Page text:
We take canned food off the boat, as cans can rust and even explode and make a mess. We remove all perishable items. The other foods are either packed to go home, and items such as rice and flour are either removed or sealed airtight. We have in the past found bugs in flour left for the summer. All fruits and vegetables are removed. Sealed items are left on the boat.

 

Since we will not be using much fresh drinking water or diesel fuel the two or three days before we haul, we add three tablespoons of Clorox to each water tank. We also top off the main fuel tank with jerry can fuel and add diesel fuel stabilizer at the same time. We try to have all tanks as close to being topped off as possible. Fuel stabilizer is added to the gas tank of the outboard engine. The outboard is flushed with fresh water and serviced before hauling. We then leave the outboard covered on the stern bracket. The inflatable dingy is washed and scrubbed with soap and water, deflated, rolled up, stuffed in its bag and stowed below.

We spend a lot of time rejuvenating the brightwork, stripping the varnish and laying on many, many coats of Cetol in hopes of defeating ultraviolet rays. At the suggestion of the yard, we do not cover the boat, since covers are known to have a very limited lifespan and blow off with the first strong wind.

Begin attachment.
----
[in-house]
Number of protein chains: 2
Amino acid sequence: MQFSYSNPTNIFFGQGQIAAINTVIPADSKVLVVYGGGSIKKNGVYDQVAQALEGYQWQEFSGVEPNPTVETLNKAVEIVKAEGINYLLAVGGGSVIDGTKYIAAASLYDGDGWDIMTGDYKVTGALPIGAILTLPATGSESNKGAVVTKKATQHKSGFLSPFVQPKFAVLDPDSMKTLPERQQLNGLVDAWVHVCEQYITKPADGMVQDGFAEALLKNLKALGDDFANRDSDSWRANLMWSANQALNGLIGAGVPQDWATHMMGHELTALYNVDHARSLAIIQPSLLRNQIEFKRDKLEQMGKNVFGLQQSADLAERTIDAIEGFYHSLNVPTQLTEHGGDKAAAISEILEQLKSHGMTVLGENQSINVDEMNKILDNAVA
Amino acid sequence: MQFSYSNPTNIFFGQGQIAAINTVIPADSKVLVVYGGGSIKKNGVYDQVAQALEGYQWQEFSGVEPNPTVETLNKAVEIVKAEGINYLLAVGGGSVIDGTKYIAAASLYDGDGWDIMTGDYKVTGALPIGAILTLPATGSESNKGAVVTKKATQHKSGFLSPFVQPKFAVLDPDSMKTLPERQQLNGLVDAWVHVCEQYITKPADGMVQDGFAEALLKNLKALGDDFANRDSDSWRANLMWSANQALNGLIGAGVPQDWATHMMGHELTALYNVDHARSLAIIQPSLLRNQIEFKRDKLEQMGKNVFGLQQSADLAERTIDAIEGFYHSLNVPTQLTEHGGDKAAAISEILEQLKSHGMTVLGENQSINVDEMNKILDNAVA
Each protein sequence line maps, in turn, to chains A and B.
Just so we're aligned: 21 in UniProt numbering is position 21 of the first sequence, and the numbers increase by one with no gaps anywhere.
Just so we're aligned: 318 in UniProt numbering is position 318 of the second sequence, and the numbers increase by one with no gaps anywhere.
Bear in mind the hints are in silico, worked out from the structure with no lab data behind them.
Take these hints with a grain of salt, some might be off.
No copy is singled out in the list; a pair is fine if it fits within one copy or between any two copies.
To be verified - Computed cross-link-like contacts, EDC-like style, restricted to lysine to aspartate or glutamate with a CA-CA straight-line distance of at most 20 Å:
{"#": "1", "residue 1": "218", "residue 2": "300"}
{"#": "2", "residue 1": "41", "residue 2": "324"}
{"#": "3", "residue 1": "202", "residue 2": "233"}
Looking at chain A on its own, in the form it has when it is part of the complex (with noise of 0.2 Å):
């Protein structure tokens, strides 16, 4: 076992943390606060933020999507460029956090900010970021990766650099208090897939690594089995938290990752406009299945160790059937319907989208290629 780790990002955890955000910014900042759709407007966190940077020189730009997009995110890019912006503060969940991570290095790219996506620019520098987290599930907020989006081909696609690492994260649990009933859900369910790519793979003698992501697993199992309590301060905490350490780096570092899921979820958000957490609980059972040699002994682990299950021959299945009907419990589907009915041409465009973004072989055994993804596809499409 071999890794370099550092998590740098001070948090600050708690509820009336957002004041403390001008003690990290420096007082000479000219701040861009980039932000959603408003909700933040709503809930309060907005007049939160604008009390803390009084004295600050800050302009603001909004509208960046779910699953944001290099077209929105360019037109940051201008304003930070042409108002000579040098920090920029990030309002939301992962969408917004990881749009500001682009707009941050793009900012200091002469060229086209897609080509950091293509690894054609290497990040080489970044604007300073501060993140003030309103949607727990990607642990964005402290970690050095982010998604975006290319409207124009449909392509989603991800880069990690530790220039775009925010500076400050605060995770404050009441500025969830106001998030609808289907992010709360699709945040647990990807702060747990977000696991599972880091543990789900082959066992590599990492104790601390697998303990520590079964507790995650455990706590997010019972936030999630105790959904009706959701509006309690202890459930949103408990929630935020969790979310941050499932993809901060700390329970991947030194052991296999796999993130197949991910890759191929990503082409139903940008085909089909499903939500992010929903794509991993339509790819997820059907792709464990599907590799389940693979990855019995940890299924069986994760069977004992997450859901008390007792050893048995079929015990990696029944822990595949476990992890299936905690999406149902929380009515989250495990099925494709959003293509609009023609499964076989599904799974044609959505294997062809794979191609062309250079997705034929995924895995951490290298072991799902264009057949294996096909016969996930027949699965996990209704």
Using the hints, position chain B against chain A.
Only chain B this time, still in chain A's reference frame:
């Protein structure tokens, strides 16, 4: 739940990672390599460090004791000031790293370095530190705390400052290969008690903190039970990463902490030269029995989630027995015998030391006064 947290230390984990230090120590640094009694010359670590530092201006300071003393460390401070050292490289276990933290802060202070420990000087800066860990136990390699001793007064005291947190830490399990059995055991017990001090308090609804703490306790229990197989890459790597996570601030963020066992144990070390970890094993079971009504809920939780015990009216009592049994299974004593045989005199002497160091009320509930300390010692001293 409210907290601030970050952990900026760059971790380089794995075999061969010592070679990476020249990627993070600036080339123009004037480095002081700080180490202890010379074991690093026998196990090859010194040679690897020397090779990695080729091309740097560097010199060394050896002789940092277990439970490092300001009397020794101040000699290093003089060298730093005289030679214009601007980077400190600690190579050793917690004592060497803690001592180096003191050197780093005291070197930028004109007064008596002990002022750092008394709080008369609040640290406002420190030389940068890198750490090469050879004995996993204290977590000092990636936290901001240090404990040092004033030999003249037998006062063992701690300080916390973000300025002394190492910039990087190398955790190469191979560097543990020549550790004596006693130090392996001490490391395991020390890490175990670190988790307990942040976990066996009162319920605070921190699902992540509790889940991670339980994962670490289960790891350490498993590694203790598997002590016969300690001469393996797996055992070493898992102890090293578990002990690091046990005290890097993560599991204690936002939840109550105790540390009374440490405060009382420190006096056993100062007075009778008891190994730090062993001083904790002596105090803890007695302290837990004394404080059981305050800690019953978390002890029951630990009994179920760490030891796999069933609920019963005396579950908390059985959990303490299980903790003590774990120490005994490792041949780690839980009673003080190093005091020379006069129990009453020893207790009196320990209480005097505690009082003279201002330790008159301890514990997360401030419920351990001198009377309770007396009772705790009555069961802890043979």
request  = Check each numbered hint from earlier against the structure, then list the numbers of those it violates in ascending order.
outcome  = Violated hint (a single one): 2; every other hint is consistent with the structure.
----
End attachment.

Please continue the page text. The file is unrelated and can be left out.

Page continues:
The engine is shut down in neutral. When the boat is in the travel lift slings or on the jack stands, I rotate the propeller to check on the cutlass bearing. The prop shaft should turn snugly in the bearing and not move side-to-side. I shake, move and twist the rudder to see how the bearings, stuffing box and rudder shoe are holding up. The rudder should not wobble, particularly in the shoe. Hull items are noted in anticipation of fall yard work. If a new cutlass bearing is needed, it saves yard time to source one ahead of time. Zincs are replaced annually. No external ground plates are used, since our radio ground plane is inside the hull. Any dings in the hull and keel are noted.

Electrical issues